Then I melded all this disparate information together to realize four essential tasks a book proposal must do:

1) Sell Our Idea: In our proposal, we pitch our book. We make it compelling and not give anyone a reason to say “no” or push delete. Our idea must be unique, memorable, and enticing.

2) Show Our Professionalism: Our proposal establishes us as a competent writer who is easy to work with and not flaky, disorganized, or flippant.

3) Exhibit Our Talent: As a writer, our work must always shine, and nowhere is this more important than in a proposal. Make every word count. Our writing voice must ring out, true and clear.

4) Demonstrate Our Ability to Sell Books: A publisher will look to us as the primary person to promote, market, and sell our books. Yes, they will provide logistics and support, along with some marketing, but we need to show we have the ability and means to motivate people to buy our books. This means we need a platform, that dreaded word every writer detests. Regardless of its size, it never seems big enough.

Whatever format we follow for our book proposal or if we choose our own path, we must make sure we include these four essentials.

What’s your experience with writing a book proposal?

Five Ways That Publishing a Book is Like Finding a Job

I like working but not finding work. I like writing but not finding a publisher. Unfortunately, there are similarities. Consider these parallels:

  1. The Search: For a job, we need to find where to apply. This means looking through help wanted ads, researching companies, and networking with people we know. For writing, this means scouring market guides, learning about agents and publishers, and networking with others in the industry. Just as we wouldn’t apply for every job at every business, we don’t query every agent and publisher. We work smart and are strategic.
  2. The Resume: Just as the goal of a resume is to land an interview, the goal of a query letter is to prompt a request for a proposal. Resume equals query letter; both must shine.
  3. The Interview: In a job interview we need to sell ourselves and our abilities. In a book proposal we have the same goal.
  4. The Follow-up: A successful job interview results in more interaction with the company. A successful book proposal produces additional discussion about our writing. Both bring us closer to an offer.
  5. The Offer: Sometimes we grab the first deal that comes along. Other times we negotiate. And occasionally we say “no thank you” but leave the door open for the future.

The same is true for jobs and for books.

How else is finding work like selling our writing? In what ways are they different?

How to Write a Query Letter for Your Book

Once we finish writing our book (though a book is never really finished), the next step for those wishing to land a traditional publishing deal is to find an agent. This requires a really great query letter.

There’s a lot of information online about writing a query letter. Unfortunately it seems to be as much art as it is science. Despite differing opinions on the specific content and order, here are the pointers I’ve picked up and use:

  • Address it to a specific agent, following the agent’s guidelines and making sure he or she is accepting queries in your genre.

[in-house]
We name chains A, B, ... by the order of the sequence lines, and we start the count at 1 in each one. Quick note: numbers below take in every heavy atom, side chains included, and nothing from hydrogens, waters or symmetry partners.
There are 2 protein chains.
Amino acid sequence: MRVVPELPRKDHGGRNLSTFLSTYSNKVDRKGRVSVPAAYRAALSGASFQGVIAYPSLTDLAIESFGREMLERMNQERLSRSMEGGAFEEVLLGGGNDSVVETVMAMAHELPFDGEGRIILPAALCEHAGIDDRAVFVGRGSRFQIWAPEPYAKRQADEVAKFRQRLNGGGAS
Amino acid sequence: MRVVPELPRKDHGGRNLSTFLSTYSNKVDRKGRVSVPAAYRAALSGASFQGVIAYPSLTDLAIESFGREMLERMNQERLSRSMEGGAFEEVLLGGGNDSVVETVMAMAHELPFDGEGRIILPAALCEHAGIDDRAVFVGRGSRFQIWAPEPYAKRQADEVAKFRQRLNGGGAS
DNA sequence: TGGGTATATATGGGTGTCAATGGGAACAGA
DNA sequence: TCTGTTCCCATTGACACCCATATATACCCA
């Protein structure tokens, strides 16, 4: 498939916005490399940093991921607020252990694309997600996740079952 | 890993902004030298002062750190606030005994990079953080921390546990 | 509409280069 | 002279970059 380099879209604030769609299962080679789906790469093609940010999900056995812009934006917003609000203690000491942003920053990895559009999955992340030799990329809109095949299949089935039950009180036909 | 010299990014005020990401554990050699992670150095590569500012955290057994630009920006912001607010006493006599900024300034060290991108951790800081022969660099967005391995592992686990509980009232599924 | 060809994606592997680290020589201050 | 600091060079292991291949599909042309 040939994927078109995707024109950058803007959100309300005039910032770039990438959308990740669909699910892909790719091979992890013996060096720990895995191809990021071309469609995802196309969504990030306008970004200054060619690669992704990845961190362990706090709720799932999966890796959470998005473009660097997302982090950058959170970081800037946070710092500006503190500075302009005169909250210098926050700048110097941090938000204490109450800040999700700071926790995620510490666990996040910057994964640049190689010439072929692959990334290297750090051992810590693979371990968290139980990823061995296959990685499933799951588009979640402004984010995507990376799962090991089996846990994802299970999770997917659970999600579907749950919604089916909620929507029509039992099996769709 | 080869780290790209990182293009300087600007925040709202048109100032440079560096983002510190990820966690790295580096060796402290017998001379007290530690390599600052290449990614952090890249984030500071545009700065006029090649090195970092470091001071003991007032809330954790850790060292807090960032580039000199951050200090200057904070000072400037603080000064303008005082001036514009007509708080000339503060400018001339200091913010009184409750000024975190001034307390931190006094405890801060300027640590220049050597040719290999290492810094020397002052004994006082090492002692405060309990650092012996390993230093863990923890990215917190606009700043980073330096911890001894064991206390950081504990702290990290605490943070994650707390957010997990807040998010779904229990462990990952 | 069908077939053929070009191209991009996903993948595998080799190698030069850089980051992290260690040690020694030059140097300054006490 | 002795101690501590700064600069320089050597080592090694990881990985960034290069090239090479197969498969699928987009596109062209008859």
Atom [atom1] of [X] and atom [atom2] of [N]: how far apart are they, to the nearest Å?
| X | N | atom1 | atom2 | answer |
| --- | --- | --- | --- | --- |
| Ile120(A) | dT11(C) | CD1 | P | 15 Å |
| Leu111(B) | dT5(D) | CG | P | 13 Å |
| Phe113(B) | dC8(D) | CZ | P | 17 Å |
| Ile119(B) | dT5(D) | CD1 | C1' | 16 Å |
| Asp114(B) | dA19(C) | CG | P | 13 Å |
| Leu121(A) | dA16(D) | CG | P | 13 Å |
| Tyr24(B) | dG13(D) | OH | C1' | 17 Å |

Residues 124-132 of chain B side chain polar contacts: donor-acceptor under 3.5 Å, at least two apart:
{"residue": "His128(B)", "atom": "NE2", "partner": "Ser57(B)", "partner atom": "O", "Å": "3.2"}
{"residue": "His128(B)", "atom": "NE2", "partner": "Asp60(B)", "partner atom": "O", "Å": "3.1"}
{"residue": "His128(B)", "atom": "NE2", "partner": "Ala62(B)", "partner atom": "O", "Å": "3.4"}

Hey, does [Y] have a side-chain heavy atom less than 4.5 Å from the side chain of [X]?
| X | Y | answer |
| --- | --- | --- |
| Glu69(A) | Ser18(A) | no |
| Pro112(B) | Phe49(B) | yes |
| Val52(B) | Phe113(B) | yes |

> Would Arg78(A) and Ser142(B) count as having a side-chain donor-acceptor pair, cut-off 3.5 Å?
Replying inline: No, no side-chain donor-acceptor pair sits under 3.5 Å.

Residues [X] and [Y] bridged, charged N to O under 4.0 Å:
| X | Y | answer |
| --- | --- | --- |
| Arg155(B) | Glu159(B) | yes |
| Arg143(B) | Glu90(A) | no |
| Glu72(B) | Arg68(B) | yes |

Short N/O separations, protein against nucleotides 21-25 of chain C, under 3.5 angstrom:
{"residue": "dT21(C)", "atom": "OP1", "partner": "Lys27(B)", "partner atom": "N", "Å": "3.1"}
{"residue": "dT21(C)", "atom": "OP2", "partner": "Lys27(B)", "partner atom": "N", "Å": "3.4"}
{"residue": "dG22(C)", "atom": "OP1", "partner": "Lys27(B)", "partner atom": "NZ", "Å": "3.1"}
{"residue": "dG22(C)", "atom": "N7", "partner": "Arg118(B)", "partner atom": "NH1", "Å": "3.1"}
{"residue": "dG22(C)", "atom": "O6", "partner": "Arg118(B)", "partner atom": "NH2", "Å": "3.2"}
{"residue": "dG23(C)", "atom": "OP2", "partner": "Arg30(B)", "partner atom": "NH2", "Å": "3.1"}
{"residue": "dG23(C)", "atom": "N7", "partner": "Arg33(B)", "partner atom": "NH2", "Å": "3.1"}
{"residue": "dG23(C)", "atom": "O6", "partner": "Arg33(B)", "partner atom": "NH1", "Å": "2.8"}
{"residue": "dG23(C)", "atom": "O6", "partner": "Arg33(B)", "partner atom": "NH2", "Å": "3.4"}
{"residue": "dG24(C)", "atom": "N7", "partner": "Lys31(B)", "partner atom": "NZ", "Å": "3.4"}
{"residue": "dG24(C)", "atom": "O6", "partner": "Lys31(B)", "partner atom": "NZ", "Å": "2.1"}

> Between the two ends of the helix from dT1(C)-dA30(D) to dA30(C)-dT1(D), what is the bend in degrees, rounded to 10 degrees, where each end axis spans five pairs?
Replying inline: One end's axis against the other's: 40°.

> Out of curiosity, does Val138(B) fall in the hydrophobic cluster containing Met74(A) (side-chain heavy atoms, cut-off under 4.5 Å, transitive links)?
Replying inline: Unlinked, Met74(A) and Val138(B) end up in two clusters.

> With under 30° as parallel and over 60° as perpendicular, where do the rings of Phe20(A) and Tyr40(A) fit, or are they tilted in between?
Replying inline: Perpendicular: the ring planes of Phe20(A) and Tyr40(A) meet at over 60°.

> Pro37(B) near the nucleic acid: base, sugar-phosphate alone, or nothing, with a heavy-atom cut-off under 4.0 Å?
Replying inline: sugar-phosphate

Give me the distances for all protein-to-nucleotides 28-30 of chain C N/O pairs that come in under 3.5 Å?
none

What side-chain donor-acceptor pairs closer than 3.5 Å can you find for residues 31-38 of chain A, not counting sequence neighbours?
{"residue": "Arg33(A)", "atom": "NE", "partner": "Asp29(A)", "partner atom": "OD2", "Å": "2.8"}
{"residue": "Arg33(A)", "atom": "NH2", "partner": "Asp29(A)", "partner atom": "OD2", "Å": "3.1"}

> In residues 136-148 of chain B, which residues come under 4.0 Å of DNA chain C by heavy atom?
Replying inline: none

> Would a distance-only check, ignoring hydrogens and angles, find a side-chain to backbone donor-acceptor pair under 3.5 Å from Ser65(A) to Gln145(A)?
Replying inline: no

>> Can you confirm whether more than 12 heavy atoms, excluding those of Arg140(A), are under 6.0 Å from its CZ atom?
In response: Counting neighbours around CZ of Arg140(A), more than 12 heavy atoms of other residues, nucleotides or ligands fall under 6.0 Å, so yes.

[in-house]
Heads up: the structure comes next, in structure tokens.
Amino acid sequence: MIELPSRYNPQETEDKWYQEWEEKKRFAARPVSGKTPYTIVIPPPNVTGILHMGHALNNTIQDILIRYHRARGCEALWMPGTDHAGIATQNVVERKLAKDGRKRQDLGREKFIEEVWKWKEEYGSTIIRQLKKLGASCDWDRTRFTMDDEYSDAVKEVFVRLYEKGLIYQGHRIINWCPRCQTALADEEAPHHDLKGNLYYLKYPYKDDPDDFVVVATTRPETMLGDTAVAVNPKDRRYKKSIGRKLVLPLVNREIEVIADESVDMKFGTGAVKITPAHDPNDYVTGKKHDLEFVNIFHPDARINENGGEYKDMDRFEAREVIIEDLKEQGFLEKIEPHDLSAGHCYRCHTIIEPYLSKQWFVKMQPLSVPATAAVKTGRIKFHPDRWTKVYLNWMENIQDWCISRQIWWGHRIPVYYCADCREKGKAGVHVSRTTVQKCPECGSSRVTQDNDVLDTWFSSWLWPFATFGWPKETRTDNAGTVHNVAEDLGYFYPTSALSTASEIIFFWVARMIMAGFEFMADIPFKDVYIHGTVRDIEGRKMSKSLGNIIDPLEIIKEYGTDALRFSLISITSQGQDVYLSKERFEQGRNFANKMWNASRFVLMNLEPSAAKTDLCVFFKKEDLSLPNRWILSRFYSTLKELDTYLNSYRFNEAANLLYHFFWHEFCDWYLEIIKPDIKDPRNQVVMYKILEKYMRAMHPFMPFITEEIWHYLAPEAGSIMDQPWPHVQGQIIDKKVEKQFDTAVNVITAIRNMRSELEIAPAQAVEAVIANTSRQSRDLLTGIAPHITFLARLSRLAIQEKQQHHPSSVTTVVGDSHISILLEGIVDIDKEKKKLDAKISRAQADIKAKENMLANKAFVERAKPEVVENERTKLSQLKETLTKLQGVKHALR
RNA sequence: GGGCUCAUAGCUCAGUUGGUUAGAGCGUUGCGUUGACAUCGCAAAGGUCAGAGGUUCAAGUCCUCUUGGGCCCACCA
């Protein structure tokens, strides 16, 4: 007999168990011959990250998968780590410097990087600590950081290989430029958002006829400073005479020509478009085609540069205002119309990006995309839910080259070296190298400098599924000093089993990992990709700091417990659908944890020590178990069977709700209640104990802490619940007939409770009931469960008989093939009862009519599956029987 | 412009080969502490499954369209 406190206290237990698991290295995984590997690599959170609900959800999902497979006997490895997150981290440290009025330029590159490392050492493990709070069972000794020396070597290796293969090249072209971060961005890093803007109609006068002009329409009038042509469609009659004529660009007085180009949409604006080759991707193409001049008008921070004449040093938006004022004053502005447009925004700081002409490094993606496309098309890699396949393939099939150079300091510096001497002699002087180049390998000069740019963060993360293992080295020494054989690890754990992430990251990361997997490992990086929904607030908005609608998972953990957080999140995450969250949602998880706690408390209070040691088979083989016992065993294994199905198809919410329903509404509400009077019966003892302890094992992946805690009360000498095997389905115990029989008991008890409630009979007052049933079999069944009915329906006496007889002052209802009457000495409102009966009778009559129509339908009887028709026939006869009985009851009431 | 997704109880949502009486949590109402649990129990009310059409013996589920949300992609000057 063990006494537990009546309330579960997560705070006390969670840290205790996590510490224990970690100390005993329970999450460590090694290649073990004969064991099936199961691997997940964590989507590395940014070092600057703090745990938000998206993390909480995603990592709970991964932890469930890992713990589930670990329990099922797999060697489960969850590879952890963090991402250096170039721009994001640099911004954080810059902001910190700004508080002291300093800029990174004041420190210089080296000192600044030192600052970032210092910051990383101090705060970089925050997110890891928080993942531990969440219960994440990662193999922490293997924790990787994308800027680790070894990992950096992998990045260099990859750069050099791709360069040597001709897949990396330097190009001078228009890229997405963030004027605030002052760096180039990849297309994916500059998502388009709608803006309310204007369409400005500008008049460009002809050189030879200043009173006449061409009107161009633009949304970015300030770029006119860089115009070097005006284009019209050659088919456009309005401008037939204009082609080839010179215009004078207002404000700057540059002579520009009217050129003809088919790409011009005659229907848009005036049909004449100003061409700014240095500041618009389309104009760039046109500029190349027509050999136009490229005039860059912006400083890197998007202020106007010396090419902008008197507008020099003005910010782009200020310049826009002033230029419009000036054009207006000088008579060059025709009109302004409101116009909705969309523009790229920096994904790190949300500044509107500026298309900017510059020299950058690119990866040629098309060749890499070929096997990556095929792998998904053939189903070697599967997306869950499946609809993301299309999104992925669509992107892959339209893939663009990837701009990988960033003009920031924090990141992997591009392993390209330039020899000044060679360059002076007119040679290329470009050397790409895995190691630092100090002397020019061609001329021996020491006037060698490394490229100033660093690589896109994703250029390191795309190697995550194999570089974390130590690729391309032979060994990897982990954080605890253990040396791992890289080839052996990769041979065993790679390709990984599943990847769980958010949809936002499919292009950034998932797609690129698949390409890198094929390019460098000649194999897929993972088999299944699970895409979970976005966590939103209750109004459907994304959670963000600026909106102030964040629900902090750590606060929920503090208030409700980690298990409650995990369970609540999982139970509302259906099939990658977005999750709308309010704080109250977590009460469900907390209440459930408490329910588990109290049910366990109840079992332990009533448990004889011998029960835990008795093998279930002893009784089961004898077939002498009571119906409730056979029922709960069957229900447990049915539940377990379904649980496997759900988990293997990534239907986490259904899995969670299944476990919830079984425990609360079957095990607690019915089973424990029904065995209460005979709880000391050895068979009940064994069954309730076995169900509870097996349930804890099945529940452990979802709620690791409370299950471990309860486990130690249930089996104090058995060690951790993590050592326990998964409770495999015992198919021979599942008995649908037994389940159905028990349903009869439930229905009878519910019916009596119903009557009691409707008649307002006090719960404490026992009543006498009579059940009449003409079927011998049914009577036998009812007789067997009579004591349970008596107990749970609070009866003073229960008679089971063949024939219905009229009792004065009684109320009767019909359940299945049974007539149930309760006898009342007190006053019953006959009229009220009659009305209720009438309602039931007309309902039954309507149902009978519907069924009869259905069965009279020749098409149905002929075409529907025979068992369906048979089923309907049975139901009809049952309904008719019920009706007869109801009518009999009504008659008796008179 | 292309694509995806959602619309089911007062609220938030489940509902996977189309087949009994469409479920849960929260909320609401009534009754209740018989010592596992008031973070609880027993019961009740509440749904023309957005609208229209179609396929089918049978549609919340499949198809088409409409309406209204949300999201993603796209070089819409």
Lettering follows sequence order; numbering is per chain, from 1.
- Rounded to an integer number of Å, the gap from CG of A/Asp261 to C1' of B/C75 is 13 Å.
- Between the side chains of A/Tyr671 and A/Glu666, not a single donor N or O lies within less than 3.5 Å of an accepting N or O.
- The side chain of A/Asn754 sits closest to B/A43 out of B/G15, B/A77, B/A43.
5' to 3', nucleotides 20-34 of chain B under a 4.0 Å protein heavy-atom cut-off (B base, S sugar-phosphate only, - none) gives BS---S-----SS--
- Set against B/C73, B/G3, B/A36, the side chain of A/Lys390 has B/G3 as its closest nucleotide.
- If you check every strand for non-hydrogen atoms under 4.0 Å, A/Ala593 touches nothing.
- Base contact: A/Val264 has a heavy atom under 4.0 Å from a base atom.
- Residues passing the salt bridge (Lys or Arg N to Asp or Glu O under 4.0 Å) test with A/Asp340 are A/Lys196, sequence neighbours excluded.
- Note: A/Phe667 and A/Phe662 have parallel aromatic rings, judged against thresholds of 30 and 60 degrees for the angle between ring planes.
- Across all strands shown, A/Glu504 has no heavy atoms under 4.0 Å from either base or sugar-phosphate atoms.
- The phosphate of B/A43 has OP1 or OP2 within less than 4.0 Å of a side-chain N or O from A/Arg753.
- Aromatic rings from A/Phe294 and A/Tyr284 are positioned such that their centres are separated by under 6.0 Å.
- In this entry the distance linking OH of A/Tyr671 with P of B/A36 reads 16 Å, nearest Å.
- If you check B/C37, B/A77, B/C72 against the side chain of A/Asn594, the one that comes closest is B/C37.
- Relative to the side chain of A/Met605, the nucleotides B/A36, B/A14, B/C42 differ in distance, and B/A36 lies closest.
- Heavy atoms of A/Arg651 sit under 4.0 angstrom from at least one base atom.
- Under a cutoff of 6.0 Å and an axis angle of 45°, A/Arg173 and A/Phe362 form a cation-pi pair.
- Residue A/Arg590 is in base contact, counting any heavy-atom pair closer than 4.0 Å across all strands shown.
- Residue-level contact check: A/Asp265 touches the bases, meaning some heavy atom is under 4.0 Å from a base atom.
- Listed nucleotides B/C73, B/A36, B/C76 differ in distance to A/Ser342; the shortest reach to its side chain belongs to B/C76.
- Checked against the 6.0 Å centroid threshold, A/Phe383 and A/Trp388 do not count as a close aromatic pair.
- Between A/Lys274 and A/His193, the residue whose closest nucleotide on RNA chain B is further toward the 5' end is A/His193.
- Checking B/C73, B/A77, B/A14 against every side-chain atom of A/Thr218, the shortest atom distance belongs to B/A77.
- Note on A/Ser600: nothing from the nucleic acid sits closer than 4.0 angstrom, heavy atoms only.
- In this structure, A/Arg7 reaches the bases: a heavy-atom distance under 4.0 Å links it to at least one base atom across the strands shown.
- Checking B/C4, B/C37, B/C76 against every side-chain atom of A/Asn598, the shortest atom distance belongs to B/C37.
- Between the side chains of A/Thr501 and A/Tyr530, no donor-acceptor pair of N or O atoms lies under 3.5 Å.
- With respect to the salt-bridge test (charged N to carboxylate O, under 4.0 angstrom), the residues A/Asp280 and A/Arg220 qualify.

• Open with a concise connection to the agent (sincere and non-embellished), followed by a great hook, sell your idea, and then sell yourself (including your platform).
  • Keep it to one normal page (even though you will generally email it as text).
  • Don’t ask them to click a link or download an attachment. (I understand most will skip your link and few will download an attachment unless they know you or requested you to attach a document.)
  • Keep it professional; avoid being cute, clever, or gimmicky.
  • Spell check and proofread carefully.

For more insight here are some helpful links about writing a book query:

Happy querying!

Five Ideas of What to Write

Hopefully, you’ve given some thought as when is the best time to write, as well as where is the best place to write. Even if these decisions are works in progress, needing to be fine-tuned, you need to move on.

Now we get to the question of what to write. Although, it may seem a nonsensical query; for some, especially those just starting out, it is not. Here are some ideas:

  • If you have a project, you need to be working on it. This is an obvious answer — if you have a project.
  • Work on a potential project, something that could turn into a project. That is, work on an article or a book that you could sell in the future. Write a query letter or proposal for this project.

However, if you’re just starting out, you likely need to develop and hone your writing skills before seriously embarking on a project. So, here are some more ideas:

  • Blogging is a great way to release creative ideas and develop a writing style. (I don’t put Facebook in this category, though I do know some who compose intriguing and well-written posts. I do not recommend journaling or keeping a diary as worthy writing exercises either; they are too informal, introspective, and narcissist — however, they may provide useful fodder for a future memoir.)
  • Write book or movie reviews. Work on developing a reviewer style and on being concise, fair, and helpful. Avoid the mistake of many professional reviewers — being unnecessarily critical or writing a review merely to call attention to your skill as a writer.
  • Writing exercises are other worthy considerations. “Exercising” will get you in the habit of writing and provide opportunities to develop your skills. Here are some ideas for writing exercises.

(I am currently working on a project — my dissertation — which is also a potential project, a future book.  I usually blog one day a week and also write reviews — mostly book reviews — which I hope to soon post on my Website.)